Mountain Laurel Designs, eVENT Rain Mitts

Mountain Laurel Designs, eVENT Rain Mitts
Mountain Laurel Designs, eVENT Rain Mitts

Greetings Hikers,

In the world of hiking rain mitts, there are very few that really stand out to me. Without a doubt the one at the very top of my list is the Mountain Laurel Designs, eVENT Rain Mitts.

I have been using these rain mitts from Mountain Laurel Designs for a few years and absolutely love them.

There are actually very few rain mittss on the list of UL/SUL rain mits these days. The ones off the top of my head are the Mountain Laurel Designs, eVENT Rain Mitts, the Black Rock Gear Overmitts, and the ZPacks WPBCF Rain Mitts. The Black Rock Gear ones are the lightest ones out there (13.6 grams) but also the ones most prone to suffering damage because of their use of 0.34 cuben fiber and they are also the least breathable ones. The ZPacks WPBCF Rain Mitts are mid-weight (23 grams), and are 100% made from WPB CF so their breathablity is better than the ones from Black Rock Gear, but nowhere near as good as the (36 gram) eVENT ones from Mountain Laurel Designs.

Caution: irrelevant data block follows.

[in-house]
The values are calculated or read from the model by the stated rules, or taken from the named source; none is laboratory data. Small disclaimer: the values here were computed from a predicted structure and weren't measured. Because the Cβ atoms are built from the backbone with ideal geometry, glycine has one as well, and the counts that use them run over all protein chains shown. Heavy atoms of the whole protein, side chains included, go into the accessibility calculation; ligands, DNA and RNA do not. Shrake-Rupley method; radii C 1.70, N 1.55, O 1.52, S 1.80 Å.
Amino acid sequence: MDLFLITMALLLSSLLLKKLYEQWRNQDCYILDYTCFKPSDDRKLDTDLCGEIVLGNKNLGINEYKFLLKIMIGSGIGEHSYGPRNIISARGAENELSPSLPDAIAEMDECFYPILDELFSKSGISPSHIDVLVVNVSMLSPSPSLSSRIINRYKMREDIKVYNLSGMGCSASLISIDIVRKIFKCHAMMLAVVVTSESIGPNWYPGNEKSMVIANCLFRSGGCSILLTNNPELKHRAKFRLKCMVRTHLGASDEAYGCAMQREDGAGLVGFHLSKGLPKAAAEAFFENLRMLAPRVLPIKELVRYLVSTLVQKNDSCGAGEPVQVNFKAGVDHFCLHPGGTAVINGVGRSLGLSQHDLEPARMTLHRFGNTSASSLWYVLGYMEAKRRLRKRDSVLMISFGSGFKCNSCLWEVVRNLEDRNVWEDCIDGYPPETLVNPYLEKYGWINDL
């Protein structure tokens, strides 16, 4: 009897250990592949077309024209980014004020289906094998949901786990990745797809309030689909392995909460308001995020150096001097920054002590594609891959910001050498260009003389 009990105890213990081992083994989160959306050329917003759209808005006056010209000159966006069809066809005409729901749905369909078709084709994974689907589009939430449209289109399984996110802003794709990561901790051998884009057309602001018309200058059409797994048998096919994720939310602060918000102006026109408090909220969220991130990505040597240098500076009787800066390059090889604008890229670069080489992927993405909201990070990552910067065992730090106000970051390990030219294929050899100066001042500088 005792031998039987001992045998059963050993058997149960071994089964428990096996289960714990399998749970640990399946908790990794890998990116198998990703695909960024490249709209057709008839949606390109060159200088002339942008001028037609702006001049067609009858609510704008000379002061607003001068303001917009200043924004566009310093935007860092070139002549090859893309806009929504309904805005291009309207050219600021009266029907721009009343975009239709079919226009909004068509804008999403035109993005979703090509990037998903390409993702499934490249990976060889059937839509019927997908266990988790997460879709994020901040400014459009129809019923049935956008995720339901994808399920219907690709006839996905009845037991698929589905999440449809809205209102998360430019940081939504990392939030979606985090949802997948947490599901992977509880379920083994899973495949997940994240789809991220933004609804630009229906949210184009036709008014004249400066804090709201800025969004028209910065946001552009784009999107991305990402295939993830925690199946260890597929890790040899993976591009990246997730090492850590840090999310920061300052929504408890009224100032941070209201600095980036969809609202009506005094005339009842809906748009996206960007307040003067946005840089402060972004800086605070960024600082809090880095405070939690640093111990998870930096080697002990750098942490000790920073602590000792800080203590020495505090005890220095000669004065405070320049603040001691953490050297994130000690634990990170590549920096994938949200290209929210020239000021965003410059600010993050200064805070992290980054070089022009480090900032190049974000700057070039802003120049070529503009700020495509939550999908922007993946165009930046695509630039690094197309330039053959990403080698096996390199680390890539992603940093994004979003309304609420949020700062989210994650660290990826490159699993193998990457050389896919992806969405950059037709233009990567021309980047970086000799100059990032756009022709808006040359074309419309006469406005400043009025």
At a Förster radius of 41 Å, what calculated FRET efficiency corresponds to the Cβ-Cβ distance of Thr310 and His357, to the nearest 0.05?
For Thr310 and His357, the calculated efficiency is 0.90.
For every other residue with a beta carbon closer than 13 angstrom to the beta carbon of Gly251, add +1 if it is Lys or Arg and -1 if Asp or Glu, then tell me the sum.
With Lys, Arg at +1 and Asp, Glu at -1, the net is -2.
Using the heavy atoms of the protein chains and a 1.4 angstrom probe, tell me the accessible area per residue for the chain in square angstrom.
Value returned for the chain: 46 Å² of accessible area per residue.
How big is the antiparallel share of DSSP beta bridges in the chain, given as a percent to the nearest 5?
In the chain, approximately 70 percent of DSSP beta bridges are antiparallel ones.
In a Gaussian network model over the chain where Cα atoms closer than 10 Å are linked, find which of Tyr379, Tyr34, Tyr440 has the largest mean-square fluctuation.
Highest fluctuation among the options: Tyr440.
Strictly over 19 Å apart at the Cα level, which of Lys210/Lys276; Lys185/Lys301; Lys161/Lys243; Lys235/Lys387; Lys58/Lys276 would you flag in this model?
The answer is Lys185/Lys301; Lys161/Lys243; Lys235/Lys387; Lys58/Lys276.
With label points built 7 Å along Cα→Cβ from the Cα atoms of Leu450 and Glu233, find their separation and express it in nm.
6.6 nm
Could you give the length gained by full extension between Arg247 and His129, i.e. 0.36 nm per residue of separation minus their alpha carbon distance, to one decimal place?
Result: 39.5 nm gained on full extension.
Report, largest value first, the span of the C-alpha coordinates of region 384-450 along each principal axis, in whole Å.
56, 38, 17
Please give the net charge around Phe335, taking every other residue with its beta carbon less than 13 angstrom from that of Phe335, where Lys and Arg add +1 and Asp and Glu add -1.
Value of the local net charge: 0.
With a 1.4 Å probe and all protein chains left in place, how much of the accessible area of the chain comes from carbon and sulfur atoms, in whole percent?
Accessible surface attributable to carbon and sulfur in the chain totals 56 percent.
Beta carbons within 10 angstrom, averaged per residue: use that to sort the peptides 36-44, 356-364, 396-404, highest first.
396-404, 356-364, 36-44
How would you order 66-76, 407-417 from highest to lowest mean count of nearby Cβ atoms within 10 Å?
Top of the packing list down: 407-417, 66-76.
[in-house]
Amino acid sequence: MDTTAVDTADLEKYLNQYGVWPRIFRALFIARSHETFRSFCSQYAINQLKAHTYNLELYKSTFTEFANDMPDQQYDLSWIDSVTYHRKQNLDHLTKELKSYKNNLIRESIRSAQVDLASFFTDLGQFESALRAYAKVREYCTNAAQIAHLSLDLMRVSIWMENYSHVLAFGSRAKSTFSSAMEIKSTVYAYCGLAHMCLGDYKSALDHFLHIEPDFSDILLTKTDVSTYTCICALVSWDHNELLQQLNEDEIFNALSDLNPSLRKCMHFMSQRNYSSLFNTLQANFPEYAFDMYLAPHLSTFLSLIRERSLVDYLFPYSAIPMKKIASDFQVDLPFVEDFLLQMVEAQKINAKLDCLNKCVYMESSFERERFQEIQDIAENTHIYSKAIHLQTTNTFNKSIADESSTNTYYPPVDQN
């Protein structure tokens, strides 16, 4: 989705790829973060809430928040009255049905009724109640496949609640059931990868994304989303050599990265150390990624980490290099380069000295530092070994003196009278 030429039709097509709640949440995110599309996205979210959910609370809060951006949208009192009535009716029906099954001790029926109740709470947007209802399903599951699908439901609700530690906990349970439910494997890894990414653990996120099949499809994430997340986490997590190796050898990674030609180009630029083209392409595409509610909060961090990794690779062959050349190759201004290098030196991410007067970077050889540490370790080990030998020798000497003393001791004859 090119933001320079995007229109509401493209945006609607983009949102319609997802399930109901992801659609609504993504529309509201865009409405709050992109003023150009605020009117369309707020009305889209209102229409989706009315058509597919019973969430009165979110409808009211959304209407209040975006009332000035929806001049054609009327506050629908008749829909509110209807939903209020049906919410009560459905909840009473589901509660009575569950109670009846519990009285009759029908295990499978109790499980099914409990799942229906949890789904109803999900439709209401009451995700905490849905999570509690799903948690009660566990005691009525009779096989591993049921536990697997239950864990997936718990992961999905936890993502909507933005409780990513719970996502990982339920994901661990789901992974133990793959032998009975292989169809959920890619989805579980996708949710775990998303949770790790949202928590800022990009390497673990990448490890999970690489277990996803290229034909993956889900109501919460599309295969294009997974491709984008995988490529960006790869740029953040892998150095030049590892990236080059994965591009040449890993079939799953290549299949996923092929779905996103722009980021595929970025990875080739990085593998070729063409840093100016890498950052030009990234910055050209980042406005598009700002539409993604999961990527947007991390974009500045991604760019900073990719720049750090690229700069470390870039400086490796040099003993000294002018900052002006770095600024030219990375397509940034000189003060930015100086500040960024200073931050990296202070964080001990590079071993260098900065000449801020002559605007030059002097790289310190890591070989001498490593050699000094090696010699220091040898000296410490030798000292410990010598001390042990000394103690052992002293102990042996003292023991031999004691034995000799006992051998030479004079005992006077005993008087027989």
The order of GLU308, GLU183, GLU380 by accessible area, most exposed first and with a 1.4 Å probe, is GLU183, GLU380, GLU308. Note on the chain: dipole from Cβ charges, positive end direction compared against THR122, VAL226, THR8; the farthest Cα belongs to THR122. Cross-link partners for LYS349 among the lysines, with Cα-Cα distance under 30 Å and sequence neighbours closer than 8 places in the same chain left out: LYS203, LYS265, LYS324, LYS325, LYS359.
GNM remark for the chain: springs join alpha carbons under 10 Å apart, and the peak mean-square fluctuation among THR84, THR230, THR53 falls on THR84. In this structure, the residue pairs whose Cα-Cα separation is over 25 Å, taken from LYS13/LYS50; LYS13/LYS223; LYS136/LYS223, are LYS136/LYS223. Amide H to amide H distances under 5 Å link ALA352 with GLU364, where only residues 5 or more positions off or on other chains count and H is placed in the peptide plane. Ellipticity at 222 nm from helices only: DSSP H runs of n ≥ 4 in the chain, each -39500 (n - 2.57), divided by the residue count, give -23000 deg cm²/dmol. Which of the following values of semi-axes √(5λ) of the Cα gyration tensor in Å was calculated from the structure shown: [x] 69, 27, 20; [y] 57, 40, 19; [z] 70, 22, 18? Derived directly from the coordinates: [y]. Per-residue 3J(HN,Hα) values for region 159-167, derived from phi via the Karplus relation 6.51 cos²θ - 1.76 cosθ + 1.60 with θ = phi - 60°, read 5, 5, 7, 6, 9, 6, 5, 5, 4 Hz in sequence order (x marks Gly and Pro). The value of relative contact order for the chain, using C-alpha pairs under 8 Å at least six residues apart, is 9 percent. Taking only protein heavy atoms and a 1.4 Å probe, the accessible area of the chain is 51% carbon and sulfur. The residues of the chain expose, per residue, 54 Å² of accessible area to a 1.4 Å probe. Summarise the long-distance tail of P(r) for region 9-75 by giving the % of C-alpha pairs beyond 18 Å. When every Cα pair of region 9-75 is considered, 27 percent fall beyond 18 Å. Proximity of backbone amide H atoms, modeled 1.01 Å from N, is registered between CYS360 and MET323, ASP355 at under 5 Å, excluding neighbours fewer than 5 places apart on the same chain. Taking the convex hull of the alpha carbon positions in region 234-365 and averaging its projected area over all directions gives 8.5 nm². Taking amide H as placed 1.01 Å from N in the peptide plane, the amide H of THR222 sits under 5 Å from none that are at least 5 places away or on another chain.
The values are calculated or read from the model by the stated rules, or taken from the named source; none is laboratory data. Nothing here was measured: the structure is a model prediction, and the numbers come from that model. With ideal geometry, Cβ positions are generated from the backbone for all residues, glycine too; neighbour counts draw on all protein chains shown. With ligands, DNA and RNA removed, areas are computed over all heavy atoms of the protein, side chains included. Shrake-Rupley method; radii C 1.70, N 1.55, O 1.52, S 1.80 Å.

As I have written so many times over the last few years, it is always my goal to go as light as possible, yet also strike a balance between weight and usability. This is one of those times when the additional 10-20 grams of weight are put aside for the fact of usability – specifically breathablity.

Cuben Tech has never released what the breathablity stats of their WBPCF is, but from testing results I have received (from numerous and nondisclosable sources) the breathability of their material is “significantly less” than eVENT.